The Spiv Cycle was itself a strand of ‘Brit Noir’ although the bad guys in these films tend to owe a greater debt to the characters of the 1930s US gangster films rather than those found in true American film noir. The tone and nature of these films was derived from the context of the ongoing deprivations of the 1940s and typically they positioned their villains as exploitative black market racketeers or petty criminals, unpatriotically feeding off the conflict-battered and austerity-fatigued population, the insinuation being that these individuals hadn’t done their bit for the war effort.

Another early Spiv drama, Cavalcanti’s They Made Me A Fugitive (1947) was arguably the first British film to deal specifically with the concept of the disillusioned ex-serviceman turning to a life of crime. This marks quite a significant shift; miscreants like these are seen to have emerged honourably from wartime military service only to find themselves amid a national malaise of domestic breakdown and criminality. A string of films followed depicting disaffected veterans resorting to malfeasance in order to makes ends meet; some early examples to look out for include Dancing with Crime (John Paddy Carstairs 1947), Noose (Edmond T. GrĂ©ville 1948) and The Flamingo Affair (Horace Shepherd 1948).

By the mid 1950s it was not unusual to find films involving former bands of brothers reformed as well-organised criminal gangs. The Good Die Young (Lewis Gilbert 1954), The Ship that Died of Shame (Basil Dearden 1955) and The League of Gentlemen (Basil Dearden 1960) stand out from this period. At the tail end of the cycle, before the combined effect of the swinging sixties and the all-too-real celebrity status of the Kray twins and their ilk pushed this paradigm out of the cultural picture, a handful of downbeat, low-budget heist/caper films were put out that share many look-and-feel ingredients.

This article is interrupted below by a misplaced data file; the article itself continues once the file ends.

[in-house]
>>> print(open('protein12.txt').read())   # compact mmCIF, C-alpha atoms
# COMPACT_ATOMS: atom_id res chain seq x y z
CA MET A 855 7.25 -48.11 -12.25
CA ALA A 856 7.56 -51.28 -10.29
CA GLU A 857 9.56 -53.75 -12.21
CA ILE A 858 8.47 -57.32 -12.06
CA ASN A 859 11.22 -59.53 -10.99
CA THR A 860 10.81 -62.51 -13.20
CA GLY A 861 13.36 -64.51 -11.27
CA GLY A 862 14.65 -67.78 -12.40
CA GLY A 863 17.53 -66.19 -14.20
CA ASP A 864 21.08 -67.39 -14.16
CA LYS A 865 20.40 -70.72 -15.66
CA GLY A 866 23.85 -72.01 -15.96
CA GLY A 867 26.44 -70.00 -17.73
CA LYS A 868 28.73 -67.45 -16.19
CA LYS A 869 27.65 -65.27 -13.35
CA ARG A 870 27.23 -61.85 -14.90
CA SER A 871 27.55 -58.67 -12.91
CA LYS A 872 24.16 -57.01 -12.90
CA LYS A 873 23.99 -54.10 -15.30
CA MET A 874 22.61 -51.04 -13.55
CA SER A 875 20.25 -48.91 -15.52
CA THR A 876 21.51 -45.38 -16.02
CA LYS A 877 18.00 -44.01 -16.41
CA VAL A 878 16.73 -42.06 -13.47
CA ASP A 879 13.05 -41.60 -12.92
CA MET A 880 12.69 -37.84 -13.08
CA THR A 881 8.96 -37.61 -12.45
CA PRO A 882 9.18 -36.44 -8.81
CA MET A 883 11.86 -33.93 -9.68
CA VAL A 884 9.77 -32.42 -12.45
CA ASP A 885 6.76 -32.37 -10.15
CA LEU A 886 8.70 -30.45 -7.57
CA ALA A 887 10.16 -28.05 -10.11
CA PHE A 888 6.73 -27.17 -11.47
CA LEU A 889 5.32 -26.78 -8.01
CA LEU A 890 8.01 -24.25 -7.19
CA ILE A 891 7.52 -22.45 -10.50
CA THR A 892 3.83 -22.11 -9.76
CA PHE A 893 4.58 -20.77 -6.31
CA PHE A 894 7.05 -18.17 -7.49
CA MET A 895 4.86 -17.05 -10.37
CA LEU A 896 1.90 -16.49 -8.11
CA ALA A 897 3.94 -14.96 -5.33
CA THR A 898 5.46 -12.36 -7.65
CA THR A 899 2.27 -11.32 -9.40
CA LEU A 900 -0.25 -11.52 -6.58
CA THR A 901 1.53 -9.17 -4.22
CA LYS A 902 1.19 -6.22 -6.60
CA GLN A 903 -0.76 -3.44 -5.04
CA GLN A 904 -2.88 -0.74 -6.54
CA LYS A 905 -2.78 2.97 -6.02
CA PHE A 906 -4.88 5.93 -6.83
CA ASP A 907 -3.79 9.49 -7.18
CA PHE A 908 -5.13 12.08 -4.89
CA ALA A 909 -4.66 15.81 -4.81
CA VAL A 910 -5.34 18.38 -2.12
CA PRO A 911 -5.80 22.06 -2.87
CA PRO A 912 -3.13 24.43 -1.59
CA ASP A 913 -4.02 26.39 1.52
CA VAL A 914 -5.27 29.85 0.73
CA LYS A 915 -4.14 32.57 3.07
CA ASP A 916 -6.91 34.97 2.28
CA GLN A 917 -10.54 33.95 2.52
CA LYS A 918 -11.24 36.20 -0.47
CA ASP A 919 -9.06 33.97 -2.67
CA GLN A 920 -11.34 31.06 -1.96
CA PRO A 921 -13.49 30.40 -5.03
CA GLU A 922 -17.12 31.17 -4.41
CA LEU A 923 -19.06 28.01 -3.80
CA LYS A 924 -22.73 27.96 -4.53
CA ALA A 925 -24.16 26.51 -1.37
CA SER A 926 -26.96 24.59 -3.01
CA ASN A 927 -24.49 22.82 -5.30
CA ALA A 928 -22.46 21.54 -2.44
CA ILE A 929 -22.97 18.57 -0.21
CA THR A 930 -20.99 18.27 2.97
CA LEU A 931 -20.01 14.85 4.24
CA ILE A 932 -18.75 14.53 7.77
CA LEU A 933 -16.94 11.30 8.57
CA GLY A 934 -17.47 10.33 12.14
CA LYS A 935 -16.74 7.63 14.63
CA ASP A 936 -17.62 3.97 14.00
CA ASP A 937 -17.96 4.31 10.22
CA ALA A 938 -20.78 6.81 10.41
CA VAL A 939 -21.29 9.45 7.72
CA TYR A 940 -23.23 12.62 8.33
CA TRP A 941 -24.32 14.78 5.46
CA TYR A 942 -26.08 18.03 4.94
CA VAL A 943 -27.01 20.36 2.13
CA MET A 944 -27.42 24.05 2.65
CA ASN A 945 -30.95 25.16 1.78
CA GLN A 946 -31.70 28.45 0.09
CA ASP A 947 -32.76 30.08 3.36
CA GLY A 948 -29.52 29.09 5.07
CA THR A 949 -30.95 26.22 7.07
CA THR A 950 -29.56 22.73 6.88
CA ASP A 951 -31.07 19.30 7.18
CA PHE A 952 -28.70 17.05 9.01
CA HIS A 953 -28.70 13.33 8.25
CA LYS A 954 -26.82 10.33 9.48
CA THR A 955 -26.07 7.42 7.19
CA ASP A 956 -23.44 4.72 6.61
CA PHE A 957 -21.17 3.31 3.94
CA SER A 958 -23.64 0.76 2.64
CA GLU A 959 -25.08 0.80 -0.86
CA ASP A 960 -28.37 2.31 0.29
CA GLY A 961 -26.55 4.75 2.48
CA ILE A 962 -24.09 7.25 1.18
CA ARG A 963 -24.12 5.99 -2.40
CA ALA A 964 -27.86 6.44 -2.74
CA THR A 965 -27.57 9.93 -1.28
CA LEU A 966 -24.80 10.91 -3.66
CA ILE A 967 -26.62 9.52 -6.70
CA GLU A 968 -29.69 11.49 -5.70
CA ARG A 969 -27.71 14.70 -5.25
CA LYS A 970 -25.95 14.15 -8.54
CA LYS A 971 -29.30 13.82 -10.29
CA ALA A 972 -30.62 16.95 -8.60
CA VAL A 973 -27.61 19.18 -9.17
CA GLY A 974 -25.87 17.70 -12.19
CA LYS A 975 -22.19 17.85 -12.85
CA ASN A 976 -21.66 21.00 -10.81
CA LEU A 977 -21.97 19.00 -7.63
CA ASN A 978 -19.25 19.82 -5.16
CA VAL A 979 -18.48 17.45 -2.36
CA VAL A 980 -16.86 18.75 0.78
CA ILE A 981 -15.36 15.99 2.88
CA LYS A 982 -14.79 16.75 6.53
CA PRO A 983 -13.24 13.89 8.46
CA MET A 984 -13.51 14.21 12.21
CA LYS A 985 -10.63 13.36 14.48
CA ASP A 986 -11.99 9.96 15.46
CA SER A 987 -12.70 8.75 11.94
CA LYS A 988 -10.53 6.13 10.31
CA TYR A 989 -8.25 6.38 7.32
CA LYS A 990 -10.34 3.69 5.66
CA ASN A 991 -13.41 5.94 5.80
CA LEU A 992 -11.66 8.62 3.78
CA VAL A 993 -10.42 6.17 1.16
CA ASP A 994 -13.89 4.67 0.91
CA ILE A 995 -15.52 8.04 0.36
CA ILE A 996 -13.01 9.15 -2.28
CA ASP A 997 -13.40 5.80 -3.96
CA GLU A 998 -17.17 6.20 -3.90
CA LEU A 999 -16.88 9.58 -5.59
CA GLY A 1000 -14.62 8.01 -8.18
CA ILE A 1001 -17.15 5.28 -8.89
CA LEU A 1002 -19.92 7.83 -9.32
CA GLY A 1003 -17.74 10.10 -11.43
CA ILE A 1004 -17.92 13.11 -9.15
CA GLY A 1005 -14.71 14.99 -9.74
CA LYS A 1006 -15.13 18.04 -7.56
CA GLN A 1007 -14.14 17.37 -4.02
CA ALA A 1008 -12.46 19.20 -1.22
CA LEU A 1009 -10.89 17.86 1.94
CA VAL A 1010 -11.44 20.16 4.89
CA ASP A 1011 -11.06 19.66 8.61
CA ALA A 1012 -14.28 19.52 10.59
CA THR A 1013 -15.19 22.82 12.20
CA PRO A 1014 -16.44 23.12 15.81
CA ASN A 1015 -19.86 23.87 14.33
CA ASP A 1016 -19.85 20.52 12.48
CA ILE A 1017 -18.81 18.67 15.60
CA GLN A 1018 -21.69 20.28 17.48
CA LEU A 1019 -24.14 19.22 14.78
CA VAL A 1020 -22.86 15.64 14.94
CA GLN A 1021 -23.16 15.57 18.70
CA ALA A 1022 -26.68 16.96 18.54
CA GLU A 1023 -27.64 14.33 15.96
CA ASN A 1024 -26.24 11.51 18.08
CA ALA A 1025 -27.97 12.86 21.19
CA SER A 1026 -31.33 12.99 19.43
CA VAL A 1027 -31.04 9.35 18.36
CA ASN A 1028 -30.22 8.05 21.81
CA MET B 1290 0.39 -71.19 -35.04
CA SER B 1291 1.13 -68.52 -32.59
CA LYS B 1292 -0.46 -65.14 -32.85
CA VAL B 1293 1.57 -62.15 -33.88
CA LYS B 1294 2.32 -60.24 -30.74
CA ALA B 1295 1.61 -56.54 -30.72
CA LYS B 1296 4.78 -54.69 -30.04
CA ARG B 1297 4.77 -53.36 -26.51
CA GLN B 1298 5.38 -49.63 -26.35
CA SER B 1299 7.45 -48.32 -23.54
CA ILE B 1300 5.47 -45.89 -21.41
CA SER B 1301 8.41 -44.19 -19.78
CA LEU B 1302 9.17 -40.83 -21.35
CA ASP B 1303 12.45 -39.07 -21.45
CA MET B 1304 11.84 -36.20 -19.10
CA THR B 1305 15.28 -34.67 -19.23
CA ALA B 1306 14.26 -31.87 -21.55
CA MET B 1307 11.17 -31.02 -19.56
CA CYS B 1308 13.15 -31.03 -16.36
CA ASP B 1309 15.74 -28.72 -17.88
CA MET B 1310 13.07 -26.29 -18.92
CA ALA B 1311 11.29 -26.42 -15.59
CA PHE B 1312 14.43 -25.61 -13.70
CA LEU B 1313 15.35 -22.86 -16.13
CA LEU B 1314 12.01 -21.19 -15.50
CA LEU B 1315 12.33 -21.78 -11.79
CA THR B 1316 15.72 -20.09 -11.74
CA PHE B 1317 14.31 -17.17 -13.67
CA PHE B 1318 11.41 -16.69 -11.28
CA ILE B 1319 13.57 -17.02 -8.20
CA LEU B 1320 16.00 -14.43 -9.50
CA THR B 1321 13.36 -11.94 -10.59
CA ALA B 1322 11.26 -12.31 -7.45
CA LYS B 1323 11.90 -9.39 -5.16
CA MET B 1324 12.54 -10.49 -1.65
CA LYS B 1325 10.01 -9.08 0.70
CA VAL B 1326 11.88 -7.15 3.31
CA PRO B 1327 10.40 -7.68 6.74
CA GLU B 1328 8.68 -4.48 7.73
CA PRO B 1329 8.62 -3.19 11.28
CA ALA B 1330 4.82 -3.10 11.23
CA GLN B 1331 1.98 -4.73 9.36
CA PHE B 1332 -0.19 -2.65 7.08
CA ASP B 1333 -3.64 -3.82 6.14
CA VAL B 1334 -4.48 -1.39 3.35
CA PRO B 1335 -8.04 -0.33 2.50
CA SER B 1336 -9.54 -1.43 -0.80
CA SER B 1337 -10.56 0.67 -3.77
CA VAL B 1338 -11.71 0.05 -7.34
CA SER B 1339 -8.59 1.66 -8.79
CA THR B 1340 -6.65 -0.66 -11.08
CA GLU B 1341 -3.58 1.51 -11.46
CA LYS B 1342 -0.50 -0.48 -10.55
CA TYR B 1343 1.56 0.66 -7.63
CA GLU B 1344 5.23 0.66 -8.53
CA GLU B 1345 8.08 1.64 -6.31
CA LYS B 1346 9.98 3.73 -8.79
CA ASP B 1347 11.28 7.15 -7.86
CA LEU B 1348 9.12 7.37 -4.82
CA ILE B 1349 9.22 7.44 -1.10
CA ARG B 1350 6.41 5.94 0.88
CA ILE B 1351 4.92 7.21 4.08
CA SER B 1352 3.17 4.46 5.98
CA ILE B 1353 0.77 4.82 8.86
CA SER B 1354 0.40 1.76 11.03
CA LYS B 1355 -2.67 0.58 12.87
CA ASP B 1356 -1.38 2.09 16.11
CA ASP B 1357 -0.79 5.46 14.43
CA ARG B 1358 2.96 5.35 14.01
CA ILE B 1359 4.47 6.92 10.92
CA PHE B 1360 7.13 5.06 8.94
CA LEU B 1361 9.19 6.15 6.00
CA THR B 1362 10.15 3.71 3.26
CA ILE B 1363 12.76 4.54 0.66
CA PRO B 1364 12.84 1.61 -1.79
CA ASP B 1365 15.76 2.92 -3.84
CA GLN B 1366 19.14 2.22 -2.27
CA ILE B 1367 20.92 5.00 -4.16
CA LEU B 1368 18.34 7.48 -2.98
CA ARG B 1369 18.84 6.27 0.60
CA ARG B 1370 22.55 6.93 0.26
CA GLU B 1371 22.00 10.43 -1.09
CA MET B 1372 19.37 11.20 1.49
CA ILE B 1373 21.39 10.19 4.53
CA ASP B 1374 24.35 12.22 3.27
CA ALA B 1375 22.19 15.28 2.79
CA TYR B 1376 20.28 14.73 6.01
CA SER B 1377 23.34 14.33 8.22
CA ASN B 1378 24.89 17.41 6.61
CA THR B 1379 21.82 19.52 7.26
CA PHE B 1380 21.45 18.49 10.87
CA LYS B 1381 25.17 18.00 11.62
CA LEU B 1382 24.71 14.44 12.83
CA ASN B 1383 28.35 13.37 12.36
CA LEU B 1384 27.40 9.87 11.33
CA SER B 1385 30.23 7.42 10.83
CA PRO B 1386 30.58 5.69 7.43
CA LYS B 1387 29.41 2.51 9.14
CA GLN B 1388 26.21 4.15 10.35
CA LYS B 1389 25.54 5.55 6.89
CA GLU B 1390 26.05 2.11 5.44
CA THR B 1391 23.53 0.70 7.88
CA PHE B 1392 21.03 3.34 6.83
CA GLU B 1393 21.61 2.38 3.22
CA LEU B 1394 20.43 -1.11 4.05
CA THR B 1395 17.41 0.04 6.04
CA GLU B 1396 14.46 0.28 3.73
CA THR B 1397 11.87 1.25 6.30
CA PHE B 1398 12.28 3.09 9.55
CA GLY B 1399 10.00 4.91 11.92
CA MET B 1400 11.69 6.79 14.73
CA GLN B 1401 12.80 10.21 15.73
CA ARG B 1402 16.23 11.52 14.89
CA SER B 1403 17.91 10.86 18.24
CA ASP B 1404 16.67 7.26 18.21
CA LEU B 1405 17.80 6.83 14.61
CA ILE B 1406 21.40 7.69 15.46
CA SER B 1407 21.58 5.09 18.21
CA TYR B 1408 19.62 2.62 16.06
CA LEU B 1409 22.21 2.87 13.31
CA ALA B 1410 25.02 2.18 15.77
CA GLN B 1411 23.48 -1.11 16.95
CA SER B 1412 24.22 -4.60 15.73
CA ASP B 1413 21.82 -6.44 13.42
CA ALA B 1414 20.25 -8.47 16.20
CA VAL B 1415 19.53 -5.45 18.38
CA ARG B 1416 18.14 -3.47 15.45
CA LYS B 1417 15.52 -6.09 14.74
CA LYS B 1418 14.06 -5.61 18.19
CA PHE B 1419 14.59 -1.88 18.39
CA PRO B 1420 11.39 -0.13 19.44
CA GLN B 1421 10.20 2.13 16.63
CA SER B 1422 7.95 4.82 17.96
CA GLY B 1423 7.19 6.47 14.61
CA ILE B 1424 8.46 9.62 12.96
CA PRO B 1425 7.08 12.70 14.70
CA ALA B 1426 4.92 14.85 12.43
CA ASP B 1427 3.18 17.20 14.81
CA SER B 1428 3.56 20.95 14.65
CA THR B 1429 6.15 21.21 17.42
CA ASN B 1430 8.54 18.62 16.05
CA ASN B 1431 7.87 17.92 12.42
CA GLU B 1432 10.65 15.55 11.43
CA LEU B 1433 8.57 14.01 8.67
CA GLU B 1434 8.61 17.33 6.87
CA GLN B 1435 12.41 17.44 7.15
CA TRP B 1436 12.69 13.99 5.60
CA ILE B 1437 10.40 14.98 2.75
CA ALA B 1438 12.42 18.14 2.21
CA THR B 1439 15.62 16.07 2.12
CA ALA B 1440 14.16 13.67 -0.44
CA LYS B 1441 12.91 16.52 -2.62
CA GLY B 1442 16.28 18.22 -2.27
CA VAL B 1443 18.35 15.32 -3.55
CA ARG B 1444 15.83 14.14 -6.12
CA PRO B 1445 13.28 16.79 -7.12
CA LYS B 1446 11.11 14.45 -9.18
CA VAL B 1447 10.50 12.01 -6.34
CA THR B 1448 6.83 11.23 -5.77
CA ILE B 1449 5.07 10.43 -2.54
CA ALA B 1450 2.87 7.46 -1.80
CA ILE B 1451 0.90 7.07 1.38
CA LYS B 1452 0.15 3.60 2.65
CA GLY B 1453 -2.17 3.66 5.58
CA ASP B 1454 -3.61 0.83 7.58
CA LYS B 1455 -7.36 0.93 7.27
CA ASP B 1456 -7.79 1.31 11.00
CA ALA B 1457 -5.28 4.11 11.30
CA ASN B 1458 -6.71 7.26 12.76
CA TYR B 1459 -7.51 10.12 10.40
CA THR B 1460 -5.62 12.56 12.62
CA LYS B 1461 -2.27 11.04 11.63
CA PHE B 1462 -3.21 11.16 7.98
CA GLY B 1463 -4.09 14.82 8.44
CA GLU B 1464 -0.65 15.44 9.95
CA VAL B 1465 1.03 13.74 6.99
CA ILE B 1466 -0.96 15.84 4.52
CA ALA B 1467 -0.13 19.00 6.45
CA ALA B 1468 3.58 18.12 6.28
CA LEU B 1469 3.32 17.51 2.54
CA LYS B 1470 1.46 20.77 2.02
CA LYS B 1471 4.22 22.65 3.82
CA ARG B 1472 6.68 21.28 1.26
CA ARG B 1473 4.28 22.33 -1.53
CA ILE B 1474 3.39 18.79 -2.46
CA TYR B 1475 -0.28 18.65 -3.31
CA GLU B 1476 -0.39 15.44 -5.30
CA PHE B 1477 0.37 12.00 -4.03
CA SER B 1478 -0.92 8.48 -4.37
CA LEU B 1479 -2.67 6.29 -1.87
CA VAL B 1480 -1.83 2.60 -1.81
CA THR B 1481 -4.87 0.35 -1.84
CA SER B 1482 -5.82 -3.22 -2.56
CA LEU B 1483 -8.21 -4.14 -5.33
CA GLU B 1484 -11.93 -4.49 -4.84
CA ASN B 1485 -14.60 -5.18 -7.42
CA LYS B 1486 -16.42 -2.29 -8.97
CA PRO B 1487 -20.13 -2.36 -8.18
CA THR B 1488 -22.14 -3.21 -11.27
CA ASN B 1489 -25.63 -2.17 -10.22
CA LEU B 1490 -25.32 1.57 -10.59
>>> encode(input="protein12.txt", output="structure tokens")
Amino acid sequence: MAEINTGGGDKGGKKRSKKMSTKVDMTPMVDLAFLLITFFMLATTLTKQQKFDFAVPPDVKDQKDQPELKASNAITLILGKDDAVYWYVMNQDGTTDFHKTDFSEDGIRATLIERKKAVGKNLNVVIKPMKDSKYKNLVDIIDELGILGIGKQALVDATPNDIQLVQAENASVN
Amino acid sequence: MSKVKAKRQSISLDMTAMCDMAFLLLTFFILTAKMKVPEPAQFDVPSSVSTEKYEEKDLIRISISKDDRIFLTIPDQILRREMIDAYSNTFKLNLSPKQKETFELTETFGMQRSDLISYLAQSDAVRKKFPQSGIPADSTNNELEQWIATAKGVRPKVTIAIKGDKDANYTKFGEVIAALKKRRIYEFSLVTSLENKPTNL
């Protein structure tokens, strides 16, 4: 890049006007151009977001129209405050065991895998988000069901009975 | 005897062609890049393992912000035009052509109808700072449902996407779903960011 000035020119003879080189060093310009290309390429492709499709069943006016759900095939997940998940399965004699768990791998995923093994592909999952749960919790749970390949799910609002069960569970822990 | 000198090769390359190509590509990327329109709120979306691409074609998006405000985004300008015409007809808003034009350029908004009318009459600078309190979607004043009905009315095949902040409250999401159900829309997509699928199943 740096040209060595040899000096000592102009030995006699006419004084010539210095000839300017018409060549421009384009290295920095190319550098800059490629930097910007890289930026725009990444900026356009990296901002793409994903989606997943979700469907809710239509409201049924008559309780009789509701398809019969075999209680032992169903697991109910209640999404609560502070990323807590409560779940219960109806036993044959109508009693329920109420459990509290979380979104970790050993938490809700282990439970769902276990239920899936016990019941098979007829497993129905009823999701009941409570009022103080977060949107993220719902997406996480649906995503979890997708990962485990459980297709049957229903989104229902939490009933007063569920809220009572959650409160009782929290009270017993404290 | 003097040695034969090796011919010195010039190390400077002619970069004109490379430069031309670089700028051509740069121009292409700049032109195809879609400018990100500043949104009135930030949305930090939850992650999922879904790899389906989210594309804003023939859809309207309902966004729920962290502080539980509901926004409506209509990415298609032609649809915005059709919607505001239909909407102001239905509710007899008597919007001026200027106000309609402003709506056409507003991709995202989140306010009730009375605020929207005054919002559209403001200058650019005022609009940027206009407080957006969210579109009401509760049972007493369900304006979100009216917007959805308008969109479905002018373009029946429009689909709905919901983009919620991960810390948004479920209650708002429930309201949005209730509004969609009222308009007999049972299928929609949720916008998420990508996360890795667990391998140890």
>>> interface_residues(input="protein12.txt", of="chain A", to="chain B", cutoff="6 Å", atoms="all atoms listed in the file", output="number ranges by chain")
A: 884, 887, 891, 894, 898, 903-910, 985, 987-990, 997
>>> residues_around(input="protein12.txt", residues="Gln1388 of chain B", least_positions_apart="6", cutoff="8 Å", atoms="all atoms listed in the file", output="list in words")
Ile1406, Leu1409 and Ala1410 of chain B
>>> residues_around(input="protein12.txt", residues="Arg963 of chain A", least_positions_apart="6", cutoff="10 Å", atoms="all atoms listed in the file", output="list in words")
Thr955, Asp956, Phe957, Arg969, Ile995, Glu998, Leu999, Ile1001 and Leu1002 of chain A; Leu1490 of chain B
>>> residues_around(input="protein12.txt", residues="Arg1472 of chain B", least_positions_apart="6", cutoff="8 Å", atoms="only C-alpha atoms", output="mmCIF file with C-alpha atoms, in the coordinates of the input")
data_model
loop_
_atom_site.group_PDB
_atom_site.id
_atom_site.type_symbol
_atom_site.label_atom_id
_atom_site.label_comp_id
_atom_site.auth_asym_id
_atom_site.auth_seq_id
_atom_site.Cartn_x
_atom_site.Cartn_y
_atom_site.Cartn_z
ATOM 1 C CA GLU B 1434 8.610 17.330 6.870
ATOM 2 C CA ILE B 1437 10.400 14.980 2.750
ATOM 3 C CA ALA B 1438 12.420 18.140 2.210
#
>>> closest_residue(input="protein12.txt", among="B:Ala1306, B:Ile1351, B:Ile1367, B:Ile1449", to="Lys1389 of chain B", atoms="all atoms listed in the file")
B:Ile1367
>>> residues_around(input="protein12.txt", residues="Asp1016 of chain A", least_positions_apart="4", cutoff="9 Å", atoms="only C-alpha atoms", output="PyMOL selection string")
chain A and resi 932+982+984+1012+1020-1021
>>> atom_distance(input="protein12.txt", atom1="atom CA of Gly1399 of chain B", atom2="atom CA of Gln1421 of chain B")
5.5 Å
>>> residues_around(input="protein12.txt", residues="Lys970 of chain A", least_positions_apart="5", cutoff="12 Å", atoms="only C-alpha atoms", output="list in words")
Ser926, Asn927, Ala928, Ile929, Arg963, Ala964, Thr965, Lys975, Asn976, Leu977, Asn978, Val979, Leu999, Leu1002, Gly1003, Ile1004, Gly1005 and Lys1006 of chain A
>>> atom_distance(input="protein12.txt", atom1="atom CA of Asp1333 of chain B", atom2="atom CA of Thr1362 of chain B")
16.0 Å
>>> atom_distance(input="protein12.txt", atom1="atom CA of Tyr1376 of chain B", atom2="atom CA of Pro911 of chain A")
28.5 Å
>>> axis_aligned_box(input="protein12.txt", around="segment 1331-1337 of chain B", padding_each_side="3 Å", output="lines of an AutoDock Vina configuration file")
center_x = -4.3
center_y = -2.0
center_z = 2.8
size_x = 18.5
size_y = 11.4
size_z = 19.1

Names and faces associated with these neat, taut and spare little films would often include the likes of Stanley Baker and Tom Bell – seek out Hell Drivers (Cy Endfield 1957) and Payroll (Sidney Hayers 1961) respectively and The Criminal (Joseph Losey 1960) collectively for further evidence of their presence in the sub-genre – and be an onscreen black and white blur of duffle coats, tarpaulin-covered trucks, motorcyclists wearing helmets fitted with chinstraps, assorted secret lock-ups and hideouts, oxyacetylene torches and sticks of dynamite (safes for the breaking open of) and lovely big shiny black Wolseley police cars with bells instead of sirens.

One of the best, but least well-known films from this grouping would be A Prize of Arms (Cliff Owen 1962); set at the time of the Suez Crisis it boasts both the aforementioned Baker as bitter ex-captain Turpin and Bell as nervy mechanic Fenner alongside Helmut Schmid as a Polish explosives expert who saw active service with Turpin. Their plan to infiltrate an army barracks at night and steal a fortune from under the noses of a pay convoy en route to the Middle East comes to the inevitable sticky end but the tight-as-a-drum wristwatch timing of their attempt is nail-biting in the extreme, thanks in part to a young Nicolas Roeg and Kevin Kavanagh whose short story the film was based on. Fortunately Odeon Entertainment saw fit to give it a DVD release a few years ago which means its gritty, crepuscular, ‘kitchen sink’-meets-Cagney delights can now be easily enjoyed.